The focal point of this excavated section of the ancient city is a well-preserved amphitheater—the only one of its kind in Egypt—originally constructed in the 4th century AD, then rebuilt in the 6th century, following an earthquake. At that time a large dome was added (only its supporting columns still stand), and the theater went from being a cultural venue to a forum for public meetings of the City Council—a change deduced from ancient graffiti promoting various political parties.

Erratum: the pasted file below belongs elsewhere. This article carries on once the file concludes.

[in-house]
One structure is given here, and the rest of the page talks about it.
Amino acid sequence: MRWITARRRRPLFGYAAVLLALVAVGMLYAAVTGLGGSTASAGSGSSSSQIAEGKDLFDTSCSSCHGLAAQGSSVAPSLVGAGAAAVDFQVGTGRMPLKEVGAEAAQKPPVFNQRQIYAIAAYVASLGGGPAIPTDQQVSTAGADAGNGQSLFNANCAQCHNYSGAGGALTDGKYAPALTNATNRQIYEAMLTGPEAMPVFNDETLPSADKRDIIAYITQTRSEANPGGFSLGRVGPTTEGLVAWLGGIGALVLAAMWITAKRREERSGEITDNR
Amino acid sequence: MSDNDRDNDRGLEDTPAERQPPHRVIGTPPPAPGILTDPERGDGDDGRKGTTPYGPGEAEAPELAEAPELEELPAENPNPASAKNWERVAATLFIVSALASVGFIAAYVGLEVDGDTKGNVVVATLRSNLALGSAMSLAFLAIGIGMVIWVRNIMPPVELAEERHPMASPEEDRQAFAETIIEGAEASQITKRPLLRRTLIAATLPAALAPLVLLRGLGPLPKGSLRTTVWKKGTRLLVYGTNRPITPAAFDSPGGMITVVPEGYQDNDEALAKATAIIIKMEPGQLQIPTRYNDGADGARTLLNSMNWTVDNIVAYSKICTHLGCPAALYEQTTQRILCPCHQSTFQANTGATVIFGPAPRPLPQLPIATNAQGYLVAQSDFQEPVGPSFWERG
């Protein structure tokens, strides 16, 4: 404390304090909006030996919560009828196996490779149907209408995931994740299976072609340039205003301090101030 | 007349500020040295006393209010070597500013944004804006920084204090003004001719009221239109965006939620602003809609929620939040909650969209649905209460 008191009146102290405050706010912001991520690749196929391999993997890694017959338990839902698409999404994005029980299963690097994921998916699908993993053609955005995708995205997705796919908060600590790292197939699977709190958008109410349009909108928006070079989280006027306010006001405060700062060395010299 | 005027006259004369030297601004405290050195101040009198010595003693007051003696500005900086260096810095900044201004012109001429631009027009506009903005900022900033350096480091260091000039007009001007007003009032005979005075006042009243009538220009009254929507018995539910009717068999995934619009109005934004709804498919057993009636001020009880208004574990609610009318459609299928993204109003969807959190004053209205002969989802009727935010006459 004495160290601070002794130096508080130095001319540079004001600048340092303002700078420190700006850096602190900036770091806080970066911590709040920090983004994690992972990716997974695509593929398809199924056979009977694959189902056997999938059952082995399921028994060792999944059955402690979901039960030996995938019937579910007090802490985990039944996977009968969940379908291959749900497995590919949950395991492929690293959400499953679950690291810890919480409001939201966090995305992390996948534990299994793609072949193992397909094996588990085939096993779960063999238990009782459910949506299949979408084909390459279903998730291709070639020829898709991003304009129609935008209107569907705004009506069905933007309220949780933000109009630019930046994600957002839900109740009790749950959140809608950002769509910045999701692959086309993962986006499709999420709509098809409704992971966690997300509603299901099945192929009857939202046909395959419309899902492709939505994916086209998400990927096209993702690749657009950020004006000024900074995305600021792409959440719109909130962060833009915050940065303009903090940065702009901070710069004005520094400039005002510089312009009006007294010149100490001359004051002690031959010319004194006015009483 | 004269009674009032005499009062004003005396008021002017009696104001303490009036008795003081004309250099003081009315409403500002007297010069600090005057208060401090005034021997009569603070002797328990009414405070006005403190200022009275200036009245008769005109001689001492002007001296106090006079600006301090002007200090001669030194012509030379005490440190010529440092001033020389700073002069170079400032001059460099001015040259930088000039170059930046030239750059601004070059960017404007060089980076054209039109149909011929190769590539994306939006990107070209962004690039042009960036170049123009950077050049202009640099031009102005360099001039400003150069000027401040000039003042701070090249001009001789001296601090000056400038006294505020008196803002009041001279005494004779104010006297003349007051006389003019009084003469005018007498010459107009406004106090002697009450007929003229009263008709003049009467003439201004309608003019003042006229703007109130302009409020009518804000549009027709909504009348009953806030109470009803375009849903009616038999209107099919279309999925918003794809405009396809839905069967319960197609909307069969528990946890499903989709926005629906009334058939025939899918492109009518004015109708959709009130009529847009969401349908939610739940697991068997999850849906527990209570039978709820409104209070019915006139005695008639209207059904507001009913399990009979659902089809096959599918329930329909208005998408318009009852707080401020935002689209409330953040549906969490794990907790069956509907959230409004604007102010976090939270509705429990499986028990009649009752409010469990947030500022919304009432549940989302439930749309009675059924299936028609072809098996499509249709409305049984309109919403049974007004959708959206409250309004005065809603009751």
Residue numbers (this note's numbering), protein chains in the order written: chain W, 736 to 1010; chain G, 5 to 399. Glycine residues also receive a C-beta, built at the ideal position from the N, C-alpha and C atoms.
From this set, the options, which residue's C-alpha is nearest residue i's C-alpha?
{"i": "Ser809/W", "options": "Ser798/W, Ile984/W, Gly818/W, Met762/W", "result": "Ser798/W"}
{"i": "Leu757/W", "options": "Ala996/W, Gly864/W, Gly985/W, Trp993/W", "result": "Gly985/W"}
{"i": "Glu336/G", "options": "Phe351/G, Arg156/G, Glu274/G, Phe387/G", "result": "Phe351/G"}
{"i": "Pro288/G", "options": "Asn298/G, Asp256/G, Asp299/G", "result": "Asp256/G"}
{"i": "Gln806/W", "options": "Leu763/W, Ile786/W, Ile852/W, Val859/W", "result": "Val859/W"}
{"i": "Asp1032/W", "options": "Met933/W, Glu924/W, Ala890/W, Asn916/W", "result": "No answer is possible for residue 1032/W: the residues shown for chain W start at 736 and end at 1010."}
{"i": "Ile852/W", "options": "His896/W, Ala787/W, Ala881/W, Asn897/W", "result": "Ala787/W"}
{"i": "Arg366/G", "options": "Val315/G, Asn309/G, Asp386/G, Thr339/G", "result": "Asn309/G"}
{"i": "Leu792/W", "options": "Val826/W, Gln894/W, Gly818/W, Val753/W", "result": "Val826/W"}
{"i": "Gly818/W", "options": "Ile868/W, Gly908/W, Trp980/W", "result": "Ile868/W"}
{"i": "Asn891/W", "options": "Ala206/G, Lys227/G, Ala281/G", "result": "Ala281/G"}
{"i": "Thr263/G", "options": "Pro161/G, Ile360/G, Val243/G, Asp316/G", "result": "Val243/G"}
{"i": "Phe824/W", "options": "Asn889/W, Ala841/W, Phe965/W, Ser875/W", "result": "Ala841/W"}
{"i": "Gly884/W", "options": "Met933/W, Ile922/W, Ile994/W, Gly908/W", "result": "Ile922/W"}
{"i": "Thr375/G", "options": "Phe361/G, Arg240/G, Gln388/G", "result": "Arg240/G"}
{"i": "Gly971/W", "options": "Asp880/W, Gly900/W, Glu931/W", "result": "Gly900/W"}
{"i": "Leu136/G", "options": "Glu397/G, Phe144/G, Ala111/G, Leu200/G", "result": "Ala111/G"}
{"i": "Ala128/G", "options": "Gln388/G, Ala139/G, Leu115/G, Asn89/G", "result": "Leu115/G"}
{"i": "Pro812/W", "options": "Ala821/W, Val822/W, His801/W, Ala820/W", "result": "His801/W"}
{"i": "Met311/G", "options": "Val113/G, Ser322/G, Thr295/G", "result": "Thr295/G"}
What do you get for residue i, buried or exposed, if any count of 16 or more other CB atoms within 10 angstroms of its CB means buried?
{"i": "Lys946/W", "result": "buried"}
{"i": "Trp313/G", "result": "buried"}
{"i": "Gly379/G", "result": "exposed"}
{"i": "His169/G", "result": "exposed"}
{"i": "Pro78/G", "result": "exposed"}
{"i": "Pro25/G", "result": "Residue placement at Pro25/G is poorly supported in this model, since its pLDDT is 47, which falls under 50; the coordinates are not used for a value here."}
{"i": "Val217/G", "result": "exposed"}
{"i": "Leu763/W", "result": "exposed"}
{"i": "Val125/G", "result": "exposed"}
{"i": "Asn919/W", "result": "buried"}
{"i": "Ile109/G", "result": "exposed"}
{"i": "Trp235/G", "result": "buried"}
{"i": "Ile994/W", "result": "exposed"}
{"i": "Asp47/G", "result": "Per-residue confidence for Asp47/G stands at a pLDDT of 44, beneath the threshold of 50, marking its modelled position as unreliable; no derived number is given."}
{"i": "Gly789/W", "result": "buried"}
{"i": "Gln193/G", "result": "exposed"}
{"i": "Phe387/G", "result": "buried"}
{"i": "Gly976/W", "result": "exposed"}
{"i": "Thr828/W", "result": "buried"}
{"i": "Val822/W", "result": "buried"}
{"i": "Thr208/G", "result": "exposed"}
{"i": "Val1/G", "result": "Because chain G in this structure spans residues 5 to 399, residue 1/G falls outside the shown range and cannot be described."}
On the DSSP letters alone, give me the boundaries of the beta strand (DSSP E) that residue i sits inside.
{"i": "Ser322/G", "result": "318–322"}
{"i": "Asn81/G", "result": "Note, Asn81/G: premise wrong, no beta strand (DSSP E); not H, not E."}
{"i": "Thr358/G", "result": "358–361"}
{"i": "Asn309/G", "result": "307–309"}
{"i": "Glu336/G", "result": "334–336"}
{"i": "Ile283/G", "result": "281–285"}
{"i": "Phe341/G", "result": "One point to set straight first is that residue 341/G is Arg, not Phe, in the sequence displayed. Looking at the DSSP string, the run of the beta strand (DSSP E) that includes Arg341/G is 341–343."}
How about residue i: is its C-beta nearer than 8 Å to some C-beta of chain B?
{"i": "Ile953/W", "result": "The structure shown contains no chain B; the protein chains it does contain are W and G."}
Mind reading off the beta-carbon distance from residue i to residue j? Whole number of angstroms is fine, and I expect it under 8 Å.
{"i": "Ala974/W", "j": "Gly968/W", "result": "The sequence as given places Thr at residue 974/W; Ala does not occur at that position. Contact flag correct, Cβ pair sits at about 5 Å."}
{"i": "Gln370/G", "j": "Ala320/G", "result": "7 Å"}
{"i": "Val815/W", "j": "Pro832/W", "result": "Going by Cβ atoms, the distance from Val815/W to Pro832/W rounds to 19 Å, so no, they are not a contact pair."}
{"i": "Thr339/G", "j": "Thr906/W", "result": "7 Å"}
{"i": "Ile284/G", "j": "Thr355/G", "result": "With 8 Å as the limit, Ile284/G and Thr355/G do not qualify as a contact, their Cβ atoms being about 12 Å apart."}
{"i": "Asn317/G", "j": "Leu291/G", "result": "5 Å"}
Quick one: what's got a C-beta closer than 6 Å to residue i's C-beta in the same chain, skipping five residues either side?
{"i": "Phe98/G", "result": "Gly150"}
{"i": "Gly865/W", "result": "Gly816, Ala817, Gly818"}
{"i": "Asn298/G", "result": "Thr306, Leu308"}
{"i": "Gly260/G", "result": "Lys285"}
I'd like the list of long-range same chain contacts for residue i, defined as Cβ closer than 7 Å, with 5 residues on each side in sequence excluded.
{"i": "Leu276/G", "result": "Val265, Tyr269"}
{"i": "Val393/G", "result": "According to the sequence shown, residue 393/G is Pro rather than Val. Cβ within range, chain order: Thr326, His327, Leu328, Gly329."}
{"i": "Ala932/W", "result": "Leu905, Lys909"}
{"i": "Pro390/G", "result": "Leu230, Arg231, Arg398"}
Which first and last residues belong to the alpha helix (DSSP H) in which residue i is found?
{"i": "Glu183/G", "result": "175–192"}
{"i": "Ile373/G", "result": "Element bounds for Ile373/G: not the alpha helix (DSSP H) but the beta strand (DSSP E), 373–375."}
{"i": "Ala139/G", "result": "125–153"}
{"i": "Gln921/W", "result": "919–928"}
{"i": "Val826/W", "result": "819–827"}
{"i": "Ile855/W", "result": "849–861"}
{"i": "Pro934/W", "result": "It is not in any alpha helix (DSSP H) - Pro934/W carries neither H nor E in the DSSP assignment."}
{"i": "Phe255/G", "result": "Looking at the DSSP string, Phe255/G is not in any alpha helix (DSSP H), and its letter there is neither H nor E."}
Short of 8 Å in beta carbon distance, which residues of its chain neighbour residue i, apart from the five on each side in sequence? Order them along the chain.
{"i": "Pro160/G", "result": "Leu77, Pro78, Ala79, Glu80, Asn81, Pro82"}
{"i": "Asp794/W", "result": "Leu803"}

The other half of the site is the ancient baths and living quarters, although much of this area is, in fact, best seen through the fence from the side near Pastroudis Café, where the cisterns and walls are clearly visible. The red bricks mark the location of the heated baths—warmed by an elaborate underground system—which complemented the adjacent cold and steam baths. The whole area fell into disuse after the 7th-century Persian conquest of Egypt. One noteworthy site in the residential section is a Roman house known as the Villa of the Birds, so named for its colorful floor mosaics depicting birds in several forms. The colorful and detailed craftsmanship shows a high level of sophistication. The mosaics, now restored, are protected by a modern structure.